Many people approach interviews with something approaching sheer terror. It’s perfectly normal to be nervous, but you shouldn’t let it affect your presentation. Consider this:
1. The interviewer wouldn’t have called you if they didn’t think you could do the job.
2. You were brought in because they want you to be the right person for the role as much as you do!
If it were just a matter of skills and experience nobody would ever have to interview – a CV would be enough. The interview process is therefore a two pronged exercise designed to firstly, reassure the potential employer that you have the requisite skills and aptitude for the post as mentioned in your CV and secondly, to determine whether you will fit into the team. This makes personality, attitude and the way you approach the interview just as important as the skills you bring.
‘Failure to Prepare is preparation for failure….’
First impressions are lasting impressions, so it is essential that you have prepared thoroughly for the interview. Try to research the company and sector as thoroughly as possible – background knowledge will boost your confidence and shows an employer that you are taking the interview seriously. Most companies will have a website, which can prove to be an excellent source of company and product information. Company brochures and annual reports can also be made available. Having some knowledge about the company will also make the interview a more rewarding experience for your potential employer – they will be much more impressed by a candidate who appears interested and informed than by someone who has no idea who they are speaking to.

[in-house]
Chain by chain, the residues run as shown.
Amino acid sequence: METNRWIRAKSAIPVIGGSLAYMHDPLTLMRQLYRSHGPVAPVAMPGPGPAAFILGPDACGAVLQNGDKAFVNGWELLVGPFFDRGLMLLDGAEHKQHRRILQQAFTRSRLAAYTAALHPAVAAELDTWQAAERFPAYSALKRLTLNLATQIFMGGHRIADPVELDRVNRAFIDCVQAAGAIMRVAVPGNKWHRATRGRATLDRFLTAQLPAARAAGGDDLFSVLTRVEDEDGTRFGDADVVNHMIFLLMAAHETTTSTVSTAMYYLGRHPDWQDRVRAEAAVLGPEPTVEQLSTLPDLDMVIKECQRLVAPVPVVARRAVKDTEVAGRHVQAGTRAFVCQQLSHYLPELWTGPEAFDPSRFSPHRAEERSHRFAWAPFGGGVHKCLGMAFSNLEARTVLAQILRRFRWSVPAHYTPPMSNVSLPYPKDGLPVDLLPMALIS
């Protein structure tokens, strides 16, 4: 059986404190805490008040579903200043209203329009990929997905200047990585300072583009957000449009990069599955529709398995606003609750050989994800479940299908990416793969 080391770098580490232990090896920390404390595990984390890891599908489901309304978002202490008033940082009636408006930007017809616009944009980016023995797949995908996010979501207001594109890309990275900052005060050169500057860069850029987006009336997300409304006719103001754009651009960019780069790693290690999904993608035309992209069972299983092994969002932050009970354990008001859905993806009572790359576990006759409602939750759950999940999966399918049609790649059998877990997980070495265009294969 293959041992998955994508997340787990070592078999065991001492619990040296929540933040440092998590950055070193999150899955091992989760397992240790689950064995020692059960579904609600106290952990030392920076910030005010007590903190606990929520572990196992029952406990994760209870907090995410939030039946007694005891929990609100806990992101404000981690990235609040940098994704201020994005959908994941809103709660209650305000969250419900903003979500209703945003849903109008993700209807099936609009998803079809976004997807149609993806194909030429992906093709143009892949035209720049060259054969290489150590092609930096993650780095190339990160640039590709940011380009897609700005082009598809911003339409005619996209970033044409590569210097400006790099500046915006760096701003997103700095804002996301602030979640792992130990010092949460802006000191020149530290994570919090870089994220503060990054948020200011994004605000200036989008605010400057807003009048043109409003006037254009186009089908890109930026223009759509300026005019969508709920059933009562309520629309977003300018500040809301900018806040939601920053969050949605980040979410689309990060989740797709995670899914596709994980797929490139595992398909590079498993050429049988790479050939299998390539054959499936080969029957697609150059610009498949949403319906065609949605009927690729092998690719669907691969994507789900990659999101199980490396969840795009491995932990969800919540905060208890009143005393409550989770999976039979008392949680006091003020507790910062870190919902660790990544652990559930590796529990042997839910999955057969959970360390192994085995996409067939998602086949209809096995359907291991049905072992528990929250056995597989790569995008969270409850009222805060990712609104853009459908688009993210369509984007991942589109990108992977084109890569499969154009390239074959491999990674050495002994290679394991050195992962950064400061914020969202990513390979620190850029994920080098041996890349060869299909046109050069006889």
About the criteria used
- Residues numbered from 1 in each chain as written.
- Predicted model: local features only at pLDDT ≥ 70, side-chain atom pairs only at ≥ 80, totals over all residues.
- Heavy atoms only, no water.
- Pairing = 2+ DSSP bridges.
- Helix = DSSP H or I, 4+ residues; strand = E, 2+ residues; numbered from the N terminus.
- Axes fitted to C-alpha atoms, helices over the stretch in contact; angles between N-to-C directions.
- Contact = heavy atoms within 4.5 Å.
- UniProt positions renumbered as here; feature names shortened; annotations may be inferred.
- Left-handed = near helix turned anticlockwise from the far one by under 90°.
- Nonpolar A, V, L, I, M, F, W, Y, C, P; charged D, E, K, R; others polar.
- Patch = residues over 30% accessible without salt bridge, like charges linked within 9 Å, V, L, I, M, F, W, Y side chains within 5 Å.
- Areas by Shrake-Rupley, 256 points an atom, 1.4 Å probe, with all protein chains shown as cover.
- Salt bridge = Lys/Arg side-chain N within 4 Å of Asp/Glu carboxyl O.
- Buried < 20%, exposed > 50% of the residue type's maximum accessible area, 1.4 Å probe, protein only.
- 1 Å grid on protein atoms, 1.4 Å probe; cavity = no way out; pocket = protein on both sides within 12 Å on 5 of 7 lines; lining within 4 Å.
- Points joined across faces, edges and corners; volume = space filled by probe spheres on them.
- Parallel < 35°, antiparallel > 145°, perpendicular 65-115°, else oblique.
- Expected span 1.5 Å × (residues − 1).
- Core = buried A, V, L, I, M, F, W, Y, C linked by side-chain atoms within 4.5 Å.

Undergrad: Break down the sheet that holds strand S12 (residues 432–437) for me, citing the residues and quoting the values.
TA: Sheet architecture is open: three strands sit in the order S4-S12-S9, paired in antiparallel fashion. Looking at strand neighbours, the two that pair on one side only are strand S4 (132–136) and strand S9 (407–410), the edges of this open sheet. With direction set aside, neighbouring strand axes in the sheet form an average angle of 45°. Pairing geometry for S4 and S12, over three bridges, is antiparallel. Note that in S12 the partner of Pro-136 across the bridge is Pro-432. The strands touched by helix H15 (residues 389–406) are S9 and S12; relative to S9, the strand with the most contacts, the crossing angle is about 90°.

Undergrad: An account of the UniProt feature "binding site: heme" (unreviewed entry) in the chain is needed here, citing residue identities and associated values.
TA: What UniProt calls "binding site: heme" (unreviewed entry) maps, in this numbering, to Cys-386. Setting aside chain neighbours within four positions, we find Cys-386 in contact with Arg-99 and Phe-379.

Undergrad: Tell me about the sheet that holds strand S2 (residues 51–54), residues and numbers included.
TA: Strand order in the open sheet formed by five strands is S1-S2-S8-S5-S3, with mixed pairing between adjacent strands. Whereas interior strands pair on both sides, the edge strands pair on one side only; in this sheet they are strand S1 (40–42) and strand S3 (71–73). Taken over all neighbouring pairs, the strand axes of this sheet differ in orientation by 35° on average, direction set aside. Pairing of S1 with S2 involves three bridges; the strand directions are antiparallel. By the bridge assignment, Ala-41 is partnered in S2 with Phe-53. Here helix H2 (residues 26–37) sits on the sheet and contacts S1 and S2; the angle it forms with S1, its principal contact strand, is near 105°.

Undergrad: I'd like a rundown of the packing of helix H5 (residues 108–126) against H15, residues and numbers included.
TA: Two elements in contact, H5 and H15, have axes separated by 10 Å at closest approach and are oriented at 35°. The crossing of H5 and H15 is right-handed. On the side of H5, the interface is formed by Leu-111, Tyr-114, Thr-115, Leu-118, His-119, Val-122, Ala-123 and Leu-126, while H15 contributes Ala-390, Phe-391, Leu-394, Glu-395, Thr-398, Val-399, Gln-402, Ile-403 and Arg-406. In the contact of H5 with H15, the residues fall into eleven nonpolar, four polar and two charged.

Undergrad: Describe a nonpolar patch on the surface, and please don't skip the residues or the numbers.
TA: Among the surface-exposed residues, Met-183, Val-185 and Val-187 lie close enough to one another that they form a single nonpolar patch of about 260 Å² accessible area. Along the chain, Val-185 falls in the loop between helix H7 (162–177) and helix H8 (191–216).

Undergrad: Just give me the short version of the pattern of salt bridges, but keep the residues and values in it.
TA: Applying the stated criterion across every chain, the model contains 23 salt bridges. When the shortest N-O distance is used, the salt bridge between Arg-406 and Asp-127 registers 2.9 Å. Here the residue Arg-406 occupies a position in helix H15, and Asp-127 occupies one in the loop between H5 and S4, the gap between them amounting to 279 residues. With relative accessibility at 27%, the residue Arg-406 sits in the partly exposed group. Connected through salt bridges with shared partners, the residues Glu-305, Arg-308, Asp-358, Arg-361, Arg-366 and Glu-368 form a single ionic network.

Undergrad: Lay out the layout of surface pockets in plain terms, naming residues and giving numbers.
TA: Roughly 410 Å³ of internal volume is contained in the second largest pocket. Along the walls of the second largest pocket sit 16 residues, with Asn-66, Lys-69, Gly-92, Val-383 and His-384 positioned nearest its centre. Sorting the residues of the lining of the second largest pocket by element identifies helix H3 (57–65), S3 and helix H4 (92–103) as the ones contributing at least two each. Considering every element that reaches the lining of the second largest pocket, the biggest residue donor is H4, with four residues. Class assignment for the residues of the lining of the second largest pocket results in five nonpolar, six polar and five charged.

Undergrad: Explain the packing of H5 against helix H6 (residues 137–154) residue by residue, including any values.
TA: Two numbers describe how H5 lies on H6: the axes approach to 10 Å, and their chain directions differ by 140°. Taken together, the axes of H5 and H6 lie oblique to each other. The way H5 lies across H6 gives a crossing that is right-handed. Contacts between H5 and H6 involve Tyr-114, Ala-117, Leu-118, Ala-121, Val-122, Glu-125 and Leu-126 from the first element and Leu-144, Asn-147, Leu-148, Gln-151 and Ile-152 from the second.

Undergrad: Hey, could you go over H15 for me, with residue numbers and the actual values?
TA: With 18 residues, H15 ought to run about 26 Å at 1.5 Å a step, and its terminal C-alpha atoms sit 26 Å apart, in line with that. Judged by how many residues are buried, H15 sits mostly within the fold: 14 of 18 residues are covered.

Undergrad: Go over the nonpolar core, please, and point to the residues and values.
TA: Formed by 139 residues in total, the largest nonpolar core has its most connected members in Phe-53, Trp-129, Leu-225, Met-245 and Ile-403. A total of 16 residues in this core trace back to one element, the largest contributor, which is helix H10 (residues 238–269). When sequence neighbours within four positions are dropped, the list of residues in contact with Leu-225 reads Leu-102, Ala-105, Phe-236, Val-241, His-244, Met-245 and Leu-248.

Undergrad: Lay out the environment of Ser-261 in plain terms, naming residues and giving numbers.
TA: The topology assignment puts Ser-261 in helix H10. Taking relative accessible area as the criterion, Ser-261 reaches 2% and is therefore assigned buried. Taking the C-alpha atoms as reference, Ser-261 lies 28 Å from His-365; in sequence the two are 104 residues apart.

The key word is ‘prepared’: remember, no one will mark you down for doing your homework.
‘Getting there is half the fun…’
Arriving 10 minutes late for an interview after running up fifteen flights of stairs will never create the kind of first impression you’re after. It is worth bearing these factors in mind when preparing for your interview:
* Allow plenty of time to get there.
* What sort of parking is available?
* Take directions or a map if one is provided, to make sure you know exactly where you’re going.
* Make sure you have the company telephone number with you so that you can call if you are running late.
* If the site has more than one gate or building, which one do you need?
Find out how long the interview is due to last and arrange the rest of your day accordingly. Nothing will irritate an interviewer more than seeing a candidate continually checking their watch!
‘But the man in the shop said I looked cool…?’
Even if the company you are interviewing for has a casual dress code, you will still need to dress the part. Jeans and a T-shirt are fine for the pub, but won’t win you any prizes in an interview. It implies that you aren’t taking the meeting seriously. If you are coming from an office that has a casual dress code, remember to allow time to change.